Information About Stomach Cancer / Gastric Cancer
The stomach is a sac like organ and is a part of the digestive system. It is situated in the upper abdomen, below the ribs on the left side of the body. Its upper part connects to the esophagus and its lower part leads into the small intestine. The neighboring organs are the liver, small intestine, pancreas, colon, and spleen.
Cancerous cells that are present in the inner lining of the stomach form the basis of stomach cancer or gastric cancer. It is usually detected only in the advanced stages as initial symptoms are mostly absent.
Types of Stomach Cancer, their Origin and Incidence
Adenocarcinoma is the most common (90-95%) type of stomach cancer. This cancer arises from the innermost lining layer called the mucosa.
Gastrointestinal carcinoid tumors start in hormone-making cells of the stomach and account for 3% of stomach cancers.
Gastrointestinal stromal tumors start in very early forms of cells of the stomach wall called interstitial cells of Cajal.
Lymphomas start in the immune system tissue found in the stomach wall and account for 4% of the stomach cancers.
What are the Stages of Gastric Cancer?
Most stomach cancers start in its innermost layer called the mucosa. This is where the acids and the digestive juices are made. The severity of the cancer increases as it spreads deeper inside from the mucosa to other parts of the stomach wall or to the lymph nodes or to other distant organs.
In the beginning pre-cancerous changes occur in the mucosa but this stage usually goes undetected as it is asymptomatic. Once cancer has been detected there are a few stages used to classify it depending on how much it has spread in the body.
Facts About Stomach Cancer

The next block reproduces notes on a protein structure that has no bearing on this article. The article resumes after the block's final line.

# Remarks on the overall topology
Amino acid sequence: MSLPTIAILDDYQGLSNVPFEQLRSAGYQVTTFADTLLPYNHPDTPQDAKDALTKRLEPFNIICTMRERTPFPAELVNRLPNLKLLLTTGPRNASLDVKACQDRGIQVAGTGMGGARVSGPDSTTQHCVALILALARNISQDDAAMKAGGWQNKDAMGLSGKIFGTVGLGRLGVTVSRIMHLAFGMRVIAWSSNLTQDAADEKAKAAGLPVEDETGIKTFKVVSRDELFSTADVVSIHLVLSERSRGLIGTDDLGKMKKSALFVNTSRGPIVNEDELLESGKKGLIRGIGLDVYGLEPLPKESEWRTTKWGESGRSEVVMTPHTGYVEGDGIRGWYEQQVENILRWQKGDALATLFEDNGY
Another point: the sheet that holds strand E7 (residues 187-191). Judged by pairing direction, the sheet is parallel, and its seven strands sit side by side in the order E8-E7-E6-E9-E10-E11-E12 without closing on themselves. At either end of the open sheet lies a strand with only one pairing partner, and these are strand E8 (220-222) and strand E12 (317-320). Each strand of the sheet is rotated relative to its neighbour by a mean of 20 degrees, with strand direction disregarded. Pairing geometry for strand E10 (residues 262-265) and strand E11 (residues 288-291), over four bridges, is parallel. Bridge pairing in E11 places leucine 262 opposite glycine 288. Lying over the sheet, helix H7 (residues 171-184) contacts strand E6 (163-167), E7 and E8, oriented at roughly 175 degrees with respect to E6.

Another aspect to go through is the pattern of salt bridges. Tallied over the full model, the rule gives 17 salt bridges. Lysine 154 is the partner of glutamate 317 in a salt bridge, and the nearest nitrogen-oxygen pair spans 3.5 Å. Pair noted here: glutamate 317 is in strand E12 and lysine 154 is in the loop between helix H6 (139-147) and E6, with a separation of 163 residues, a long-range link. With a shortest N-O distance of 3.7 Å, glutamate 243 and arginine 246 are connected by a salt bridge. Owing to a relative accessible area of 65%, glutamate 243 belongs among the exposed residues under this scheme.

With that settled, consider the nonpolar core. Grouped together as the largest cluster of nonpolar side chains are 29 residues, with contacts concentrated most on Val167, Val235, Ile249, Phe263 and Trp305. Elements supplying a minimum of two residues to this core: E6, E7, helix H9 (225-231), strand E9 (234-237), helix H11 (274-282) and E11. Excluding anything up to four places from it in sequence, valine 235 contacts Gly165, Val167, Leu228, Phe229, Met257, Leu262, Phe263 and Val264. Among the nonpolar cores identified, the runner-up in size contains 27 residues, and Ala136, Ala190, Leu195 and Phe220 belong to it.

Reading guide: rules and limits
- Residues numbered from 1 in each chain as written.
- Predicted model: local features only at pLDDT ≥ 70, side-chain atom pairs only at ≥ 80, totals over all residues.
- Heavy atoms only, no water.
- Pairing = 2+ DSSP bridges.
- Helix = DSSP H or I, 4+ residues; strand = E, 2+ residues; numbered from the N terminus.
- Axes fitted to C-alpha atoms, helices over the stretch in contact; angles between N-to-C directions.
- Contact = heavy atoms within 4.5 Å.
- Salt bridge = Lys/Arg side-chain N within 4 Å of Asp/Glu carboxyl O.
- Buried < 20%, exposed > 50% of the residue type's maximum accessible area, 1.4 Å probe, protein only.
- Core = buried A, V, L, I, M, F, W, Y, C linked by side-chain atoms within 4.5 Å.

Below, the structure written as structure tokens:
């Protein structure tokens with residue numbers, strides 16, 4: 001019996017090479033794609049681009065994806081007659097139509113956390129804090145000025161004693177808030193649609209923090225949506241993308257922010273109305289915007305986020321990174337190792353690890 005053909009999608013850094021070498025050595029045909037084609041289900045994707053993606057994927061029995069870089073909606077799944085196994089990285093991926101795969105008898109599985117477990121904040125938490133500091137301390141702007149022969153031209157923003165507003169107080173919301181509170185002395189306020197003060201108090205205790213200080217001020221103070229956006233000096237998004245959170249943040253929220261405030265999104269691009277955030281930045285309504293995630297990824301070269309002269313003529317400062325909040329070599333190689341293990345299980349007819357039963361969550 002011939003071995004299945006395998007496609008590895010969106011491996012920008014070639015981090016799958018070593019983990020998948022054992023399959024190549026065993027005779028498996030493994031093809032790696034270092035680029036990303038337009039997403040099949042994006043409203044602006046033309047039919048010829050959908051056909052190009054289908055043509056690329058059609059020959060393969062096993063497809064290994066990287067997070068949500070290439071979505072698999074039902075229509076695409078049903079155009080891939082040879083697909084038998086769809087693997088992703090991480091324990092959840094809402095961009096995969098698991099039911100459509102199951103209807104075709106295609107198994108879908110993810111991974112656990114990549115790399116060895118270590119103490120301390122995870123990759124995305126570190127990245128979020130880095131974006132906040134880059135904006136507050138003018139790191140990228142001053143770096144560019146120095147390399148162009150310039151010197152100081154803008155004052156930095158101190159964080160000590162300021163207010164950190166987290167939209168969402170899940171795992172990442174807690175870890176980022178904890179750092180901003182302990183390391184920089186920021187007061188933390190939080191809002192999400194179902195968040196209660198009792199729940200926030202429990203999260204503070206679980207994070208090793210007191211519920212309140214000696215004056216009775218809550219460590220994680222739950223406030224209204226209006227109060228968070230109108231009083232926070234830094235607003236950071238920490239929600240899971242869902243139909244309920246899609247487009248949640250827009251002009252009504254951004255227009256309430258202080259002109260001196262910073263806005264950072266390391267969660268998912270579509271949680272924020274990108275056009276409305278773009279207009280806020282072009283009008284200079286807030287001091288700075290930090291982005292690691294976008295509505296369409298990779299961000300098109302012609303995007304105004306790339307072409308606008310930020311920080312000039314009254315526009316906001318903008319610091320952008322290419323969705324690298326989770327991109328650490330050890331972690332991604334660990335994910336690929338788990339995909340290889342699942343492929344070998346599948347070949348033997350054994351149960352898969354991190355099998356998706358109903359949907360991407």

- According to the National Cancer Institute, 26,370 new cases of gastric cancer are diagnosed in 2016 and about 10,730 cases are likely to die.
- It is the third most common cause of cancer related deaths in the world.
What are the Causes of Gastric Cancer?
Although the cause of stomach cancer is not fully known there are several risk factors involved. They are:
- Being above the age of 50
- Gender – more common in men than women
- Race – more common in black people than in white people.
- Location – more common in some parts of the world – such as Japan, China, Korea, parts of Eastern Europe, and Latin America
- Family history of stomach cancer
- Long standing ulcers or atrophic gastritis caused by Helicobacter pylori infections.
- Stomach lymphomas
- Pernicious anemia (vitamin B12 deficiency)
- Polyps or growths in the stomach
- Menetier disease (decreased acid formation that causes overgrowth of stomach lining)
- Diet – that is high in salt, preserved or smoked products
- When people eat variety of foods that are preserved by drying, smoking, salting or pickling they are at a higher risk of developing stomach cancer.
- Low Fruits and Vegetables in the diet, and high fat content can lead to stomach cancer.
- Exposure to chemical carcinogens like rubber by-products, coal tar and asbestos
- People with Type A blood group
What are the Symptoms of Gastric Cancer?
Stomach cancer can be difficult to detect, often there are NO symptoms in the early stages and, in many cases, the cancer has spread before it is found.
Some of the symptoms associated with stomach cancer are:
- Indigestion or a burning sensation (heartburn)
- Discomfort or pain in the abdomen
- Nausea and vomiting
- Difficulty swallowing
- Diarrhea or constipation
- Bloating of the stomach after meals
- Loss of appetite
- Weakness and fatigue
- Persistent low grade fever
- Black tarry stools
How do you Diagnose Gastric Cancer?
The first step involves undergoing a general physical examination and a discussion with the doctor of your medical history.
Upper endoscopy (also called esophagogastroduodenoscopy or EGD) is usually the first test that is done to detect stomach cancer. An endoscope (a thin, flexible, lighted tube) fitted with a small video camera is inserted down the throat to view the stomach.